The score of the day, however, belonged to Petra Kvitova, who defeated Ana Ivanovic 3-6, 6-0, 6-0. Is that a "Petra" kind of scoreline, or what?

The night match was well-anticipated, and with good reason. Dominika Cibulkova and Venus Williams went at it for almost two hours and 20 minutes, with Cibulkova winning 6-1, 5-7, 6-3. This was a really good match, with each woman fighting like mad. The spectators got a treat, and even though the crowd was very pro-Venus, as expected, they seemed to appreciate the sometimes stunning performance of Cibulkova. The last few points--a break of Williams' serve--were especially impressive. The "new" Cibulkova is healthier, calmer and way more cerebral. She's always been tough.

Here is the quarterfinal draw, and an interesting one it is indeed:

Serena Williams (1) vs. Angelique Kerber (5)
Maria Sharapova (4) vs. Petra Kvitova (8)
Dominika Cibulkova (10) vs. Agnieszka Radwanska (3)
Wozniacki (11) vs. Li (2)

Here are the head-to-heads:

Williams--Kerber: 3-1
Sharapova--Kvitova: 4-2
Cibulkova--Radwanska: 2-5
Wozniacki--Li: 2-3

Sunday, March 23, 2014

Sloaney is as Sloaney does

Todd at WTA Backspin has been known to coin a great adjective ("Jankovician" and "Radwanskan" come to mind) from time to time. His latest is "Sloaney," which is, I think self-explanatory. And oh, how Sloaney the world number 16 was tonight in Miami. I mean no disrespect to her opponent, Caroline Wozniacki, who did her job and did it well, while hitting only about a half dozen winners. But Wozniacki didn't have to do anything else; Stephens was a not-very-moving target, just waiting to be picked off. There was no energy, no creativity and no aggression on her part. She  made five points in the second set. Wozniacki beat her 6-1, 6-0.

Something is really wrong in Sloaneville. 

Meanwhile, Varvara Lepchenko slugged it out with Ajla Tomljanovic for three hours, and won, 6-4, 6-7, 7-6. Impressive. Venus Williams beat Casey Dellacqua, though it took her three sets to get the job done. Dominika Cibulkova won a hard-fought two-setter (7-6, 6-4) against Alize Cornet (who seems to finally be hitting her stride again), Li Na beat Madison Keys 7-6, 6-3, and Aga Radwanska beat Elena Vesnina 7-5, 6-3. Carla Suarez Navarro defeated Kaia Kanepi, and Elina Svitolina defeated Barbora Zahlavova Strycova.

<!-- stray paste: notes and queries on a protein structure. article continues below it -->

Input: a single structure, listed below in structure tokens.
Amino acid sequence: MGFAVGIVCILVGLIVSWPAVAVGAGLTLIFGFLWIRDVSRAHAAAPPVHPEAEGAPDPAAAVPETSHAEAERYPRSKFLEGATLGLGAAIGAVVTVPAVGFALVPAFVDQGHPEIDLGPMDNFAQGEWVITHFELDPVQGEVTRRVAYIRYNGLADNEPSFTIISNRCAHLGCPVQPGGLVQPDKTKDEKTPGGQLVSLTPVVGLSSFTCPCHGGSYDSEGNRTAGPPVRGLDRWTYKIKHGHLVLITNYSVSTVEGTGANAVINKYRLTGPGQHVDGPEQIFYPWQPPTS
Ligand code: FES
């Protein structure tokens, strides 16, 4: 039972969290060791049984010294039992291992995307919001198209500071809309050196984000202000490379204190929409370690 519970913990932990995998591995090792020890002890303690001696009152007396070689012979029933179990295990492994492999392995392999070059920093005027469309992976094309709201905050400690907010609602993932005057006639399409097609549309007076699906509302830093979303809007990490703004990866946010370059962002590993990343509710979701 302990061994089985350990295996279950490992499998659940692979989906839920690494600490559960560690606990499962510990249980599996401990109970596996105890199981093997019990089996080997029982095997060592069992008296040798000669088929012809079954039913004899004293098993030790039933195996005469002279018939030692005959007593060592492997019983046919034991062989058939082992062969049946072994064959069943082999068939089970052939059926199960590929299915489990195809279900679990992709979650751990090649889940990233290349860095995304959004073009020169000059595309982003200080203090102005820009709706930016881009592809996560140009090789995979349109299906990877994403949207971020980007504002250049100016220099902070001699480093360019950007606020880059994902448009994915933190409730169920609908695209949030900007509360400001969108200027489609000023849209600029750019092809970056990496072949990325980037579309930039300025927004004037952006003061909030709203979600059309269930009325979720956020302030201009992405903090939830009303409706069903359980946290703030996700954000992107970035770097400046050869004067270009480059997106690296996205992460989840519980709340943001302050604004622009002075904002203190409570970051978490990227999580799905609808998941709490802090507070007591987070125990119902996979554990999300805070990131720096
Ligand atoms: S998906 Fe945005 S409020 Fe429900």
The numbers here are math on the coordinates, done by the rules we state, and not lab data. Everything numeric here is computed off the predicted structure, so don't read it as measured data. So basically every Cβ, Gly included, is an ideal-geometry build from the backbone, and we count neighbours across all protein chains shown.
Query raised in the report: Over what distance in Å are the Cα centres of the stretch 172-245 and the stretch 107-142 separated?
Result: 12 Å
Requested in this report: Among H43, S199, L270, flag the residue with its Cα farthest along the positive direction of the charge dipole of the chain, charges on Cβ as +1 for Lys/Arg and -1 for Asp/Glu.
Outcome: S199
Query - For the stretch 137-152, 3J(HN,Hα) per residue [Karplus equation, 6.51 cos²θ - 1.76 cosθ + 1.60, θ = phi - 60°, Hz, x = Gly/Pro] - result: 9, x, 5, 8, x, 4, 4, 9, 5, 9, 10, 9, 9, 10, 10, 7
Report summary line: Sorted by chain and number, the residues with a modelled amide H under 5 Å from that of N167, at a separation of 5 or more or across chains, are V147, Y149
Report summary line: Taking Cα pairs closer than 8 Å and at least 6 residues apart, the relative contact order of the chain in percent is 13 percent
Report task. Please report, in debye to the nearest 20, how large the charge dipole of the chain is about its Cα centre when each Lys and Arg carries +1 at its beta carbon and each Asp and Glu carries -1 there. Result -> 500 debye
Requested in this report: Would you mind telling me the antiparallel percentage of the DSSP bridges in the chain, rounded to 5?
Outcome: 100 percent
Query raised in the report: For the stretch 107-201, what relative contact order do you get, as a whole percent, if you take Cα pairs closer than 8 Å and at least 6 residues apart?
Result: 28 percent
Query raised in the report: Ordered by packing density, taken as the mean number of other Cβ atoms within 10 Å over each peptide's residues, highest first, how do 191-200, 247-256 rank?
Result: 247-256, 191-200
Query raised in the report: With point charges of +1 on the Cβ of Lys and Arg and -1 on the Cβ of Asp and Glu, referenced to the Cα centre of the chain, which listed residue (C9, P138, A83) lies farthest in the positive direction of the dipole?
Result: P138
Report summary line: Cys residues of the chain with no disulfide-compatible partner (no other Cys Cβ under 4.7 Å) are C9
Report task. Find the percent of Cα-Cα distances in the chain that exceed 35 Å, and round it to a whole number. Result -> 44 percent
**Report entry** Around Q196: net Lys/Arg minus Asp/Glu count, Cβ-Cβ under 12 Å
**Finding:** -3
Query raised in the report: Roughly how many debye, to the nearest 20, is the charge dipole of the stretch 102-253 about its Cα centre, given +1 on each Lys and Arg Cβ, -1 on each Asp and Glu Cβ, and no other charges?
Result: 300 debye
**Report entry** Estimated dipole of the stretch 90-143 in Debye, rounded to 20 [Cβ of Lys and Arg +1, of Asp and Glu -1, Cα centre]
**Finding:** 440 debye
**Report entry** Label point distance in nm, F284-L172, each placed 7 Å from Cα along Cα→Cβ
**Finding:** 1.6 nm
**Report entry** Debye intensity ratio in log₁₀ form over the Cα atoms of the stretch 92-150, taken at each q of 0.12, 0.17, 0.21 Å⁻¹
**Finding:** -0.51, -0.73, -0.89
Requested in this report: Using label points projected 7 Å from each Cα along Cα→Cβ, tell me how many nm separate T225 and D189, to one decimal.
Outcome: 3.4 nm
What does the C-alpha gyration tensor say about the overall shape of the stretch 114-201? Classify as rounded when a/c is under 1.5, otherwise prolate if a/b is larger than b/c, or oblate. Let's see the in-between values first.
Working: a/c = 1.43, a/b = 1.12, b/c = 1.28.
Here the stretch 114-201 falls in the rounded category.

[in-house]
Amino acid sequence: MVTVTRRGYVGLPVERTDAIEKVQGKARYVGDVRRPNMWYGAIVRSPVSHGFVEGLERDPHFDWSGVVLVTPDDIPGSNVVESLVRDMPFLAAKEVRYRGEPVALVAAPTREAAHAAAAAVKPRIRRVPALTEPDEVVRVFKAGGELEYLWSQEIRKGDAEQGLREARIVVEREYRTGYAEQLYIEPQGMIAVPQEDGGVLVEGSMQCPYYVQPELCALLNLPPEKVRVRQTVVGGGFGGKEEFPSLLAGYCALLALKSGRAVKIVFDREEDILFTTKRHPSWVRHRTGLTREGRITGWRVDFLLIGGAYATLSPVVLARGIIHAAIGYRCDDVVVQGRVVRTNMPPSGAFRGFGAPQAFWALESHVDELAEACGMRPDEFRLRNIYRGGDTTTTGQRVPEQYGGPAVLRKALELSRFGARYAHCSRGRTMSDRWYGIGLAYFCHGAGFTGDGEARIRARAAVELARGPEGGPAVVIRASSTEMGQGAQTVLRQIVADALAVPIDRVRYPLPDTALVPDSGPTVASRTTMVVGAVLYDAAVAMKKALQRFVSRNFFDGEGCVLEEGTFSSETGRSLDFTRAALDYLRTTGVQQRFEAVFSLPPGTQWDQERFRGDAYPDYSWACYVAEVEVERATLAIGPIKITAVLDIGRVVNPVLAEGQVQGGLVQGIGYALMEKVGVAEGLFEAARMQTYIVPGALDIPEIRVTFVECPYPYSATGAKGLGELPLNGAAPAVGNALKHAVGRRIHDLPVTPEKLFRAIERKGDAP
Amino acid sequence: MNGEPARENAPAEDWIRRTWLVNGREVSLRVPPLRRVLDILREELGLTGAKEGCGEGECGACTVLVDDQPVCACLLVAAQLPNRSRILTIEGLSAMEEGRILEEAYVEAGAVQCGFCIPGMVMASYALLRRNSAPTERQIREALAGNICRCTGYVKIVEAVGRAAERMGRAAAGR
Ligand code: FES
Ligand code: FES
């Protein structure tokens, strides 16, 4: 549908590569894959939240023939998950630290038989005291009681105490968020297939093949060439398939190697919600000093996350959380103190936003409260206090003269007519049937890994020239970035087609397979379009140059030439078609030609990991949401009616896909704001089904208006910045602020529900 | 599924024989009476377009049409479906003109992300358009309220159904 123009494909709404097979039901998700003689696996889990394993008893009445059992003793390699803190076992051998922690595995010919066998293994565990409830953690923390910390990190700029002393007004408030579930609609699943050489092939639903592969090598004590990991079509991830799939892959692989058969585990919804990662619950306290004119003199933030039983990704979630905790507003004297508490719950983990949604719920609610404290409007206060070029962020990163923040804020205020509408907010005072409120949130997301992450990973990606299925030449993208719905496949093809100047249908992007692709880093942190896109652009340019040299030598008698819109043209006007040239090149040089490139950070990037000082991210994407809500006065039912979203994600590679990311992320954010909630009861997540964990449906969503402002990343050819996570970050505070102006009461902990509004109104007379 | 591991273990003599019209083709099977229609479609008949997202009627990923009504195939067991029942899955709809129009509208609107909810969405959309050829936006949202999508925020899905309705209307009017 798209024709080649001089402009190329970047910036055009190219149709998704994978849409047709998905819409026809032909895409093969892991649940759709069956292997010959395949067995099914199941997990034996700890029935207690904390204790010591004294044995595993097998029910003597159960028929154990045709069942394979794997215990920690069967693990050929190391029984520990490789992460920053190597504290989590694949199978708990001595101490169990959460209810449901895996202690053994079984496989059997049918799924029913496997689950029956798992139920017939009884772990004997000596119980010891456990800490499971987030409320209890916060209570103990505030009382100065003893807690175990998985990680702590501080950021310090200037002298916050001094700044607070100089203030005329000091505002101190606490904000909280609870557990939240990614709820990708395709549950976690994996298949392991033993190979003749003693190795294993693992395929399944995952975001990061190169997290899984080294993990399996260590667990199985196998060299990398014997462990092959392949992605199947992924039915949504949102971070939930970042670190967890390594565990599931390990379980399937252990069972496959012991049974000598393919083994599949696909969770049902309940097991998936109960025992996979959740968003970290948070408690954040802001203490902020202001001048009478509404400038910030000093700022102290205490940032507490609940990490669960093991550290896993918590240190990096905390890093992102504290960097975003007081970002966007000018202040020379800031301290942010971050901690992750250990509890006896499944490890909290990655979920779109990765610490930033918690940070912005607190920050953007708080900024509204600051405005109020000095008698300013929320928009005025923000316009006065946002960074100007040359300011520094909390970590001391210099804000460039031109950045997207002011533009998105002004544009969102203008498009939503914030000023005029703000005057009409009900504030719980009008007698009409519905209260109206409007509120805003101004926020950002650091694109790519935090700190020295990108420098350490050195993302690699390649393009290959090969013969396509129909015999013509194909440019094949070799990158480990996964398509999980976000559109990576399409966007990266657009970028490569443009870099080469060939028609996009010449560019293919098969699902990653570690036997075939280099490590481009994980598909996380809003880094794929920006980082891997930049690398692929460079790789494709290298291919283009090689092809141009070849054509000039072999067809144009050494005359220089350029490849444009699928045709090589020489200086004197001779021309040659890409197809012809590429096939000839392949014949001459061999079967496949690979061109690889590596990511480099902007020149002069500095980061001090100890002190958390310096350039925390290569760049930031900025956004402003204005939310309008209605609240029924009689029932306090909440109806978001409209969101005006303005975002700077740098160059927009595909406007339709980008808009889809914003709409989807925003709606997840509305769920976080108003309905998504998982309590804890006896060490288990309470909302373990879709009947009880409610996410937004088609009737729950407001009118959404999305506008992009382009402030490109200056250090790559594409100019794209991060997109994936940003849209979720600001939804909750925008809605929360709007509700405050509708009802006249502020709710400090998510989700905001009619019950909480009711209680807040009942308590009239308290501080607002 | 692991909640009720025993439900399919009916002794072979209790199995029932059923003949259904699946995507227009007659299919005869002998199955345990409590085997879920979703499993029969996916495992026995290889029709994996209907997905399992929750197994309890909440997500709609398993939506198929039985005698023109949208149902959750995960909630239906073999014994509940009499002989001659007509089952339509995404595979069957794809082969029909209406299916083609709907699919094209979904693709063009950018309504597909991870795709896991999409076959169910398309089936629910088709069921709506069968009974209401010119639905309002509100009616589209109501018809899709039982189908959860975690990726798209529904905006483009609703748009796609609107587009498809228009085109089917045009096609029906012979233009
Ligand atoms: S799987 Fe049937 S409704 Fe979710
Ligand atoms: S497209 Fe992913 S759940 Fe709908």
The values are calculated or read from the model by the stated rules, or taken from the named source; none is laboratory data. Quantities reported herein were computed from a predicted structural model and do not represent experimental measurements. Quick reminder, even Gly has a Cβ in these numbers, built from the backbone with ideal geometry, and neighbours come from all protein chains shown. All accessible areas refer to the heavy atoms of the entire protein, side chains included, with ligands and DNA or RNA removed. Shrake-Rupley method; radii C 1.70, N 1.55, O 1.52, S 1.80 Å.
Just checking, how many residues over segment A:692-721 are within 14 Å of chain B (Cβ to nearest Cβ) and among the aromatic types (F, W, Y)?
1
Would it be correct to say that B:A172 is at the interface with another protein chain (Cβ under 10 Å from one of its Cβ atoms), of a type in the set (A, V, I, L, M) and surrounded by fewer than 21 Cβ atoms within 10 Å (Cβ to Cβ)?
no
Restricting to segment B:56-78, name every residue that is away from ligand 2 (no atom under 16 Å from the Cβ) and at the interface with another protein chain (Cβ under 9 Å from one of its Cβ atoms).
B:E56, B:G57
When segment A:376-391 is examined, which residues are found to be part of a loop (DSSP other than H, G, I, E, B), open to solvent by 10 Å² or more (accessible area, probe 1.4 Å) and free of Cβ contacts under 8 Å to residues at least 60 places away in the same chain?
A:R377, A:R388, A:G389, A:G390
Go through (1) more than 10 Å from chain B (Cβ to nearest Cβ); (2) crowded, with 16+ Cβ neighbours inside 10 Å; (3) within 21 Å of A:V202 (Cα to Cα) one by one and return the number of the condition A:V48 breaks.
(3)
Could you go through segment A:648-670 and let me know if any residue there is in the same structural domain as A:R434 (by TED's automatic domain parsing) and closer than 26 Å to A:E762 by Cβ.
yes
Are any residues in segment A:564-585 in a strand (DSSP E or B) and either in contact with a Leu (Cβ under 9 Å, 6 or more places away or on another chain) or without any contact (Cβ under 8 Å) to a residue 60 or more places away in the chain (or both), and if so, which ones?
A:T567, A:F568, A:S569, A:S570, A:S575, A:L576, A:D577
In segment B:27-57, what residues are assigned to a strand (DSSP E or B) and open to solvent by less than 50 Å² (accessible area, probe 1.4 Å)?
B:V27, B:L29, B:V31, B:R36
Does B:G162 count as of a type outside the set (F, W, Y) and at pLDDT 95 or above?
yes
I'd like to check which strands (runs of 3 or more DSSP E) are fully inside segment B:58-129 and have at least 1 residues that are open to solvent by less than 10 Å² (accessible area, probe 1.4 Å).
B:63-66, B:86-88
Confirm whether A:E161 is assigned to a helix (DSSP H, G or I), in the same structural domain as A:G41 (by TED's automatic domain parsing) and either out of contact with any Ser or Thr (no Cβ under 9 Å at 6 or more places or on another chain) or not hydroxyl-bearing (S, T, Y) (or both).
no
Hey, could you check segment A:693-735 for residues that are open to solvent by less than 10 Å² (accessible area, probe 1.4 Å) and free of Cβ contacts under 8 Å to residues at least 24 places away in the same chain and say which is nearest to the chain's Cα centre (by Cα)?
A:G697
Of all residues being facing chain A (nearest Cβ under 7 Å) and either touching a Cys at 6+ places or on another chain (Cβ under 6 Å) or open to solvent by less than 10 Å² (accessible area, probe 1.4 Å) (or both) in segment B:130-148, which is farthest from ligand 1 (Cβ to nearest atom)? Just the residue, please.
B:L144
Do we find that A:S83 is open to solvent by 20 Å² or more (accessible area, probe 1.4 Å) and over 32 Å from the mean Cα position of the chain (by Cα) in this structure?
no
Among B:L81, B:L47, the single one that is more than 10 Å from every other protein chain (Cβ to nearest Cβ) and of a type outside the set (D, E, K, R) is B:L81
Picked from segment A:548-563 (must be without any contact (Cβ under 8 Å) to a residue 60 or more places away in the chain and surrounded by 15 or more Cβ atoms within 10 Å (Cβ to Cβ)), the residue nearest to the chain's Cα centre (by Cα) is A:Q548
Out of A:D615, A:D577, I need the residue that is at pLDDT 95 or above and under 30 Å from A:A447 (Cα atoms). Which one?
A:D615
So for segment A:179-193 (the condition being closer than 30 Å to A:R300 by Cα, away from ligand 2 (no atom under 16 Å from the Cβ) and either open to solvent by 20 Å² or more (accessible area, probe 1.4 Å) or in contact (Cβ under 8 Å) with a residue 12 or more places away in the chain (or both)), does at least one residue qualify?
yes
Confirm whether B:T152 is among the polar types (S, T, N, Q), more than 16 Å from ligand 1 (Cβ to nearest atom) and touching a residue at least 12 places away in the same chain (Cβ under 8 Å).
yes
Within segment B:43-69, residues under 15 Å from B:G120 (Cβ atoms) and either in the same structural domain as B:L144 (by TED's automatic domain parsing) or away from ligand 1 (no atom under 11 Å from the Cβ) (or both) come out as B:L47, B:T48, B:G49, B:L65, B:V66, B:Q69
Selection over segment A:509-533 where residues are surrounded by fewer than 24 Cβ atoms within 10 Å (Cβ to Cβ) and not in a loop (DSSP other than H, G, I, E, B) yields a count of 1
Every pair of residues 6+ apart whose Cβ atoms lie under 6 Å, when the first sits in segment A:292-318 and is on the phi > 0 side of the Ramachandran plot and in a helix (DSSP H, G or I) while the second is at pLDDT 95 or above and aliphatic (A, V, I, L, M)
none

I'm going to miss most of tomorrow's play because of my work schedule (work--always getting in the way of watching tennis), but I hope to catch some highlights here and there.

Hot Coco scalds Stosur

What a tennis-watching day I had yesterday. I never intended to watch Serena Williams and Caroline Garcia on my phone at a carwash, but I did. And I certainly didn't intend to stay up and watch Sam Stosur play Coco Vandeweghe, yet I did. It's just that--after the first few games--I was oddly drawn to the match. Here were two players--one of them a former U.S. Open champion--going against each other late at night with barely a few spectators to cheer them.

These are two no-nonsense competitors. Stand up, hit the ball, hit it back, hit it again, game over, yes m'am. With Vandeweghe, you have to wonder: Where did it come from and where does it go? She has such a big serve and such a big forehand, and her backhand isn't that shabby. And while, in her face, she still looks about 13, the rest of her has changed. Vandeweghe is more solid and muscular now, and her footwork is a lot better than it was even a year ago. Her volleys have improved, too.

In some ways, Stosur might have thought she was looking in a mirror. They both served big, wanted to keep the points short, and liked to set up volleys off of powerful groundstrokes. And while Vandeweghe's second serve lacks Stosur's signature high kick, it did often go right to Stosur's body, forcing her to back up in a somewhat handcuffed position.